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By Andy Gorham, HoganTaylor Assurance Senior Manager

A typical organization loses 5% of revenues in a given year as a result of fraud, according to the 2016 Global Fraud Study by the Association of Certified Fraud Examiners, Inc.  What can you do to mitigate this loss?  The three factors that are present for occupational fraud are:

  1. Motivation or Pressure
  2. Rationalization
  3. Opportunity

By implementing strong internal controls, an organization can remove much of the opportunity for fraud to occur and can increase the chance of detection.  With personnel changes and operational changes, the risks to an organization can change.  Internal controls should be routinely monitored and updated as control weaknesses are identified.  The purpose of implementing controls is not limited to identifying and preventing fraud.  Controls also assist with operational effectiveness and compliance with laws and regulations.

When fraud is discovered there is often a reaction of shock and disappointment.  The fraud was perpetrated by the “last person you would expect.”  The perpetrator is often a long-time employee or member of management. Compounding the issue for Not-For-Profits is the potential loss of confidence from donors or organization members.

Fraud losses tend to increase the longer a fraudster has worked for the victim organization, as shown in the graph below.  People who stay at an organization for a long period of time often move up to higher levels of authority, which in turn gives them the opportunity to commit larger frauds.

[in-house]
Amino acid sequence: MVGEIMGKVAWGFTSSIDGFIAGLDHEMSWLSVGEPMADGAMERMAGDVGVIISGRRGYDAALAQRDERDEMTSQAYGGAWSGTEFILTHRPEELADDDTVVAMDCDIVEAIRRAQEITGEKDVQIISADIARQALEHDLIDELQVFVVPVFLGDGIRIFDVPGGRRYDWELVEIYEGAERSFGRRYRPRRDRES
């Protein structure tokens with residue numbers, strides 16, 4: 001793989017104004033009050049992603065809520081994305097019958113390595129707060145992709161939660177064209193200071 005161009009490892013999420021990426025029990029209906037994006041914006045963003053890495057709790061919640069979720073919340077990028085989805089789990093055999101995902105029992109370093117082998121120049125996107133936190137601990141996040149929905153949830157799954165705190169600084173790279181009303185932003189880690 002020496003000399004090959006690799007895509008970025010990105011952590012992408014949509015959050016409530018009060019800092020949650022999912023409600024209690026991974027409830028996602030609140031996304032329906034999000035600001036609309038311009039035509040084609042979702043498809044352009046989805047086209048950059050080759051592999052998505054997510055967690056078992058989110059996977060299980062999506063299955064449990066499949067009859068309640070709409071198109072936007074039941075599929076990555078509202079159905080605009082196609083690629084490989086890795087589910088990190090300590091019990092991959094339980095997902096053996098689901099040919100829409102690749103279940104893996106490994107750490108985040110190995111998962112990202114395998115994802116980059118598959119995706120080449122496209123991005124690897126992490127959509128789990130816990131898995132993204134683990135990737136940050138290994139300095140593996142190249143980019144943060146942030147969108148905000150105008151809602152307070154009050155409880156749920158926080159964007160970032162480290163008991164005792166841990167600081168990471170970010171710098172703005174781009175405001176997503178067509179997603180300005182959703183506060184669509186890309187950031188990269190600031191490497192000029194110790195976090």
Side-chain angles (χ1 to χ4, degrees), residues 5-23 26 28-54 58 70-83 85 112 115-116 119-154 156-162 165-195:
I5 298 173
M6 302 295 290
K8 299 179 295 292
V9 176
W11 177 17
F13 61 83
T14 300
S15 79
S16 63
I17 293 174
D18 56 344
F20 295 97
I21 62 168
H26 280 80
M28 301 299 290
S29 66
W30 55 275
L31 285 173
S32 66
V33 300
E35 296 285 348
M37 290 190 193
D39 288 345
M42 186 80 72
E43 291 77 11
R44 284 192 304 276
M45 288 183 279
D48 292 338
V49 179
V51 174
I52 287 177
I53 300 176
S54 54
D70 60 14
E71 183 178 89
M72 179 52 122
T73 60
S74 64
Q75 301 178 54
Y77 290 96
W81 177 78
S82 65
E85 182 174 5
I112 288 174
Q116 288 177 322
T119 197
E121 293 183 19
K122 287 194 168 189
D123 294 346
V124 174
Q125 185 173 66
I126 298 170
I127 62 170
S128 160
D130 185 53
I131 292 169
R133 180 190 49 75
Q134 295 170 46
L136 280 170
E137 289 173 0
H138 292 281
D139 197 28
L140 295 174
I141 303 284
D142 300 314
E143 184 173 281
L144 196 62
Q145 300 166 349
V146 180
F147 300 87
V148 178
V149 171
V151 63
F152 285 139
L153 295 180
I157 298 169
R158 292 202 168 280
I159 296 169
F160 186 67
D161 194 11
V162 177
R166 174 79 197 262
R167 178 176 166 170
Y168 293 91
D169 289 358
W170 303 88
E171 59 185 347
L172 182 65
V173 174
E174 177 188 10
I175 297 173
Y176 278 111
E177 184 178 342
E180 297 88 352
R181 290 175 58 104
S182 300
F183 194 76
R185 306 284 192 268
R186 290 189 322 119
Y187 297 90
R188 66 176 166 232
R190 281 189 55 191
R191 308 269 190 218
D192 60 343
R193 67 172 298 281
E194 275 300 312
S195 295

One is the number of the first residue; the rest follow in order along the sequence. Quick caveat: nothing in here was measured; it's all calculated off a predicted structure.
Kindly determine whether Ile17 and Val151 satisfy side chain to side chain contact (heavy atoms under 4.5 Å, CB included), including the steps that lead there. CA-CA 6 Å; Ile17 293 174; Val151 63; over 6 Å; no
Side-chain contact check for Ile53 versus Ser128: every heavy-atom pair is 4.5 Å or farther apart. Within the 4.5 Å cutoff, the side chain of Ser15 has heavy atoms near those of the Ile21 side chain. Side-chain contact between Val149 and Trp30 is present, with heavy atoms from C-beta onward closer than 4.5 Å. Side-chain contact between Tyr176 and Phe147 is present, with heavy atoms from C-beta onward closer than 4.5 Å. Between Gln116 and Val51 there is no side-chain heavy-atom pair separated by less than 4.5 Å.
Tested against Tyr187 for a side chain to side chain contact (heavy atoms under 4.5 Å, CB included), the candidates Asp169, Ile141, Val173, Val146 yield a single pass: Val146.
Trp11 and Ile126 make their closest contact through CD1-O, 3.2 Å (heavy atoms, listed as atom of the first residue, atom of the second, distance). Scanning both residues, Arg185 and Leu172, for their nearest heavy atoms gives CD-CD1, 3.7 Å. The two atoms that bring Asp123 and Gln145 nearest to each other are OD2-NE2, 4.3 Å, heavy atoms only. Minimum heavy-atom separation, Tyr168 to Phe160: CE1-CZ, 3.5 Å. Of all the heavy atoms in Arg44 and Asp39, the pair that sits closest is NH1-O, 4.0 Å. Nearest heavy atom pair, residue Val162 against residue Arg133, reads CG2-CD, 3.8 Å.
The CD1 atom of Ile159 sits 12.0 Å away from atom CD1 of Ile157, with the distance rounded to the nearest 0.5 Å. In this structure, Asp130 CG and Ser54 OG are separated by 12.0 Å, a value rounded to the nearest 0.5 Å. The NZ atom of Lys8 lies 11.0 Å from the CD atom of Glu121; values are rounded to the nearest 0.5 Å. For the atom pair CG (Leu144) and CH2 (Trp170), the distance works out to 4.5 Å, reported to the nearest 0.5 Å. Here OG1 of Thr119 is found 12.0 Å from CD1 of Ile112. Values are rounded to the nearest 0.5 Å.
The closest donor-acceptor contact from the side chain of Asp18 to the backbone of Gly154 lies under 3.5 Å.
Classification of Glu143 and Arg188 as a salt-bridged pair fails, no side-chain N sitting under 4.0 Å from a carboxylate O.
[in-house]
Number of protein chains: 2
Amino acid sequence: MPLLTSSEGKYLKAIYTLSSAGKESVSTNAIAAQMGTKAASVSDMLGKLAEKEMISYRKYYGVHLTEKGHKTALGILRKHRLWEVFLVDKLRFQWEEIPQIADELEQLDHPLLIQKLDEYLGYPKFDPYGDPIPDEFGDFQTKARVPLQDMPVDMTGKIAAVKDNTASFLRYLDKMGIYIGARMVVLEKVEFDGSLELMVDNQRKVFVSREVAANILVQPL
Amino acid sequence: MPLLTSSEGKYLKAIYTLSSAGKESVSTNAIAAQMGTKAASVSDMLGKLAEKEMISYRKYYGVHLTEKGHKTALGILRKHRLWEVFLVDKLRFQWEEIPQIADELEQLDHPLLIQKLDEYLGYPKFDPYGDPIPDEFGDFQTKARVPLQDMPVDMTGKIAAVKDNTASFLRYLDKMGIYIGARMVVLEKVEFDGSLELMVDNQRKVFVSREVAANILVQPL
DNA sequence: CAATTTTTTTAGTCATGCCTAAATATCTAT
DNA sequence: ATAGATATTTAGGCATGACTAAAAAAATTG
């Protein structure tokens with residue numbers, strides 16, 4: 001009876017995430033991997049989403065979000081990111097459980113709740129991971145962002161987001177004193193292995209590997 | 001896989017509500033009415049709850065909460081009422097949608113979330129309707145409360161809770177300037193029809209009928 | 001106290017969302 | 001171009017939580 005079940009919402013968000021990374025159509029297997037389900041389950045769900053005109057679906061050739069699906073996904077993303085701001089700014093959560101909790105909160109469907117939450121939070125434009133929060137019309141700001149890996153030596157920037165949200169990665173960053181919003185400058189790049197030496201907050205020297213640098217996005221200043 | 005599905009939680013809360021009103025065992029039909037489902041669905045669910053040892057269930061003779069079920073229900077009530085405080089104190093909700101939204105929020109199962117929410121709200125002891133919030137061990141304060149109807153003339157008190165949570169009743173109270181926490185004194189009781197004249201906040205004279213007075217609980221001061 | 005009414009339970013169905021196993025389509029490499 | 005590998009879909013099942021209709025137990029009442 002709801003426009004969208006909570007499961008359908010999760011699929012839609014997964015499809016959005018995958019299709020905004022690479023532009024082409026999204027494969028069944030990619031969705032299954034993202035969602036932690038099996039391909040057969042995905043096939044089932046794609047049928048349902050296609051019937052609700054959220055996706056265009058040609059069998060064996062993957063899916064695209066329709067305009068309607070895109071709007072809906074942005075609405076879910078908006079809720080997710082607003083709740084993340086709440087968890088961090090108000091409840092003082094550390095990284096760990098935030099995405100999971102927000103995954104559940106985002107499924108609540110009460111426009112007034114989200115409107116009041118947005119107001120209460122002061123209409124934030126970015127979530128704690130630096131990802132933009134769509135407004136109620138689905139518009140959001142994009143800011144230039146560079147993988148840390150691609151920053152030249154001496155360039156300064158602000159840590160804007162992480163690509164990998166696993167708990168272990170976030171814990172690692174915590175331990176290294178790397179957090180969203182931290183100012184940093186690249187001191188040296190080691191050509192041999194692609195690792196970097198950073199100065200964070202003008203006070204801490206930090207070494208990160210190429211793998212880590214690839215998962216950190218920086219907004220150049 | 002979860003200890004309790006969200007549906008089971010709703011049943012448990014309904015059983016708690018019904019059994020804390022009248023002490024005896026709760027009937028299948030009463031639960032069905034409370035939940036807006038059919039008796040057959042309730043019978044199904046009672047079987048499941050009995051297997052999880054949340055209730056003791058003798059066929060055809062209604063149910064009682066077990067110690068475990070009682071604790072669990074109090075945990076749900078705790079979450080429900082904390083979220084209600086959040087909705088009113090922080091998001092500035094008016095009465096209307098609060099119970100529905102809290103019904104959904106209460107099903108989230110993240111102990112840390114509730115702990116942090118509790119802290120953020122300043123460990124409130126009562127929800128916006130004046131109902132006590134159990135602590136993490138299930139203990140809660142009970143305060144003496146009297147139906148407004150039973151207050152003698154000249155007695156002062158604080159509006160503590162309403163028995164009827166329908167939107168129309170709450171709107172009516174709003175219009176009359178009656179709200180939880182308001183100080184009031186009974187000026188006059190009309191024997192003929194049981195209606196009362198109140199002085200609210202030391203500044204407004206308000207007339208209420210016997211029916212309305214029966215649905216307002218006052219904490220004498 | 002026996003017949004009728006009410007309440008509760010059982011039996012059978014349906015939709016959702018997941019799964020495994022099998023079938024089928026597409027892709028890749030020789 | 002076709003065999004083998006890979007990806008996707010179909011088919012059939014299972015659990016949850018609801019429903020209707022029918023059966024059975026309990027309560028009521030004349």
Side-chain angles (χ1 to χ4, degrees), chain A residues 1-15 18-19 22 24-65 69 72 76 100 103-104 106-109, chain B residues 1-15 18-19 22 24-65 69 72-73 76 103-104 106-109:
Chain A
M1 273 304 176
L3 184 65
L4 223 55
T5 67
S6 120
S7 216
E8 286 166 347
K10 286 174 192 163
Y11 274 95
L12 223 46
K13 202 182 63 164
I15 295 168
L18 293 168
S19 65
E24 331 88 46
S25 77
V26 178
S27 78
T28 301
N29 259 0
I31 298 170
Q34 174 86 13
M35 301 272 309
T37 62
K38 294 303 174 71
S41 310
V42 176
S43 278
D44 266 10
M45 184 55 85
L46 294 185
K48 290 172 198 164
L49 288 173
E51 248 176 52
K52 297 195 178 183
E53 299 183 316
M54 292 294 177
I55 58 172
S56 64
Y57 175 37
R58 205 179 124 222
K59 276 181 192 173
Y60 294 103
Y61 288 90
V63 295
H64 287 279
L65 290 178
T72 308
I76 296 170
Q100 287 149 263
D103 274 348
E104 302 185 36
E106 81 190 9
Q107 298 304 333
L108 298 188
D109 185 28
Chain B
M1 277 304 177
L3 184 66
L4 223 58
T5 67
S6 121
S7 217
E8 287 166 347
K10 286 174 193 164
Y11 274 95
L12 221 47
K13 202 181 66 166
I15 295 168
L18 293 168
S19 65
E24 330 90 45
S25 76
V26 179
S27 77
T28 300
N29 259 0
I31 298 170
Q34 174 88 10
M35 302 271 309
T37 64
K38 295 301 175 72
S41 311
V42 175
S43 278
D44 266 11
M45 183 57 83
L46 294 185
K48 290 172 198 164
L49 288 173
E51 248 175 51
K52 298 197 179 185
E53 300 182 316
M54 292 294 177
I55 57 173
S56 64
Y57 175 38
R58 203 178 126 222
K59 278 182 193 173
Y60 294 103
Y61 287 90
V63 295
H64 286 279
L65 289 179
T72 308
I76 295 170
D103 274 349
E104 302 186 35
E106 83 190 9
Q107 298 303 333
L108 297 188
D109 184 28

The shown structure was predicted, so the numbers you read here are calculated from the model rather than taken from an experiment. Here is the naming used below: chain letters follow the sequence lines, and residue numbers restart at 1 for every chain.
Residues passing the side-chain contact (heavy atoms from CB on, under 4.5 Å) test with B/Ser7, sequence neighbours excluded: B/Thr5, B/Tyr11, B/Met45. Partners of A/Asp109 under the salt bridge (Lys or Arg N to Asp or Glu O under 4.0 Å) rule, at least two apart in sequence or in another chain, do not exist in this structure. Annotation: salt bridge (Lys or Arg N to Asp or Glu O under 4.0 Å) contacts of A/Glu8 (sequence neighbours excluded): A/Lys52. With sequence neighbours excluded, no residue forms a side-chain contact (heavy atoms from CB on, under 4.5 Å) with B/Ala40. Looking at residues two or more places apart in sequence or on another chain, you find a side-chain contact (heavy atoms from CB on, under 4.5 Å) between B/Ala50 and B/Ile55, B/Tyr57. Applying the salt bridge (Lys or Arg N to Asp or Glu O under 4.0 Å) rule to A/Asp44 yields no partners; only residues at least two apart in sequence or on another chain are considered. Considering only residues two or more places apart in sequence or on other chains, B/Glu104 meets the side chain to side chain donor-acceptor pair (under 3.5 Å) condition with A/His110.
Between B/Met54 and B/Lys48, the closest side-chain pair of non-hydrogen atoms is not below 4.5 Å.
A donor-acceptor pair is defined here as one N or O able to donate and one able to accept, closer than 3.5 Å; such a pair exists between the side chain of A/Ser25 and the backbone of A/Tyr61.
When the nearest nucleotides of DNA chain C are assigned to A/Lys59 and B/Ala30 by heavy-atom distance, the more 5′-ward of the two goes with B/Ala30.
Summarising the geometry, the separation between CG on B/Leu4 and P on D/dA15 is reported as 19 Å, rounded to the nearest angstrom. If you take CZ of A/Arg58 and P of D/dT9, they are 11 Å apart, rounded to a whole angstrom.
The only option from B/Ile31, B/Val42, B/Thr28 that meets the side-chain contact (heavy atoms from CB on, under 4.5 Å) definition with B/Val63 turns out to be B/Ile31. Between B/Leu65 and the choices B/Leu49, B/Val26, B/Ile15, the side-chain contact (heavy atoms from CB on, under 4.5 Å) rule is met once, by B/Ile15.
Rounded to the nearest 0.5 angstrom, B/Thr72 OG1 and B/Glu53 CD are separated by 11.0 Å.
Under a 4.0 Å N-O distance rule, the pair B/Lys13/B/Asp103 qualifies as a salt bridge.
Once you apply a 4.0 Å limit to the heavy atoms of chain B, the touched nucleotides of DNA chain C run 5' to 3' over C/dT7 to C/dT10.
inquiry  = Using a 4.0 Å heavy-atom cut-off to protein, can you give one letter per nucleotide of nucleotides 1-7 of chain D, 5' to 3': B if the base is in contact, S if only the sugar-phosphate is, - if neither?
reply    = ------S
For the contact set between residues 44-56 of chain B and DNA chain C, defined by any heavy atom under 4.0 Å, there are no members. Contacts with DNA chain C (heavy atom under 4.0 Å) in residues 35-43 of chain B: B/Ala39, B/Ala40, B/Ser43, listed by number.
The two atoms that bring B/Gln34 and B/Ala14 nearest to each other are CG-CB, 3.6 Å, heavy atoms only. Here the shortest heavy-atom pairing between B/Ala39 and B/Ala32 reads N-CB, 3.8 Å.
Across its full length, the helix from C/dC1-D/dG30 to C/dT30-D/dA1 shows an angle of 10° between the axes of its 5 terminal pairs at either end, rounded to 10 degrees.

2016 Report to the Nations on Occupational Fraud and Abuse. Copyright 2016 by the Association of Certified Fraud Examiners, Inc.

There are two types of controls:  preventive and detective.  Preventive controls are designed to discourage errors or fraud before it occurs.  Detective controls are designed to identify an error or fraud after it has occurred.  In designing controls, an organization should determine the desired level of control assurance relative to a risk.  Care should be taken to avoid implementing controls that become too restrictive and impede operational performance and objectives.  If an area is not particularly risky, perhaps detailed, preventive controls are not necessary and a less restrictive detective control can be implemented.

The Committee of Sponsoring Organizations of the Treadway Commission’s (COSO) Internal Control – Integrated Framework provides detailed information about internal controls and can be a valuable resource to better design, implement, and assess internal control.  Additionally, HoganTaylor can provide guidance with developing internal controls and auditing service processes.

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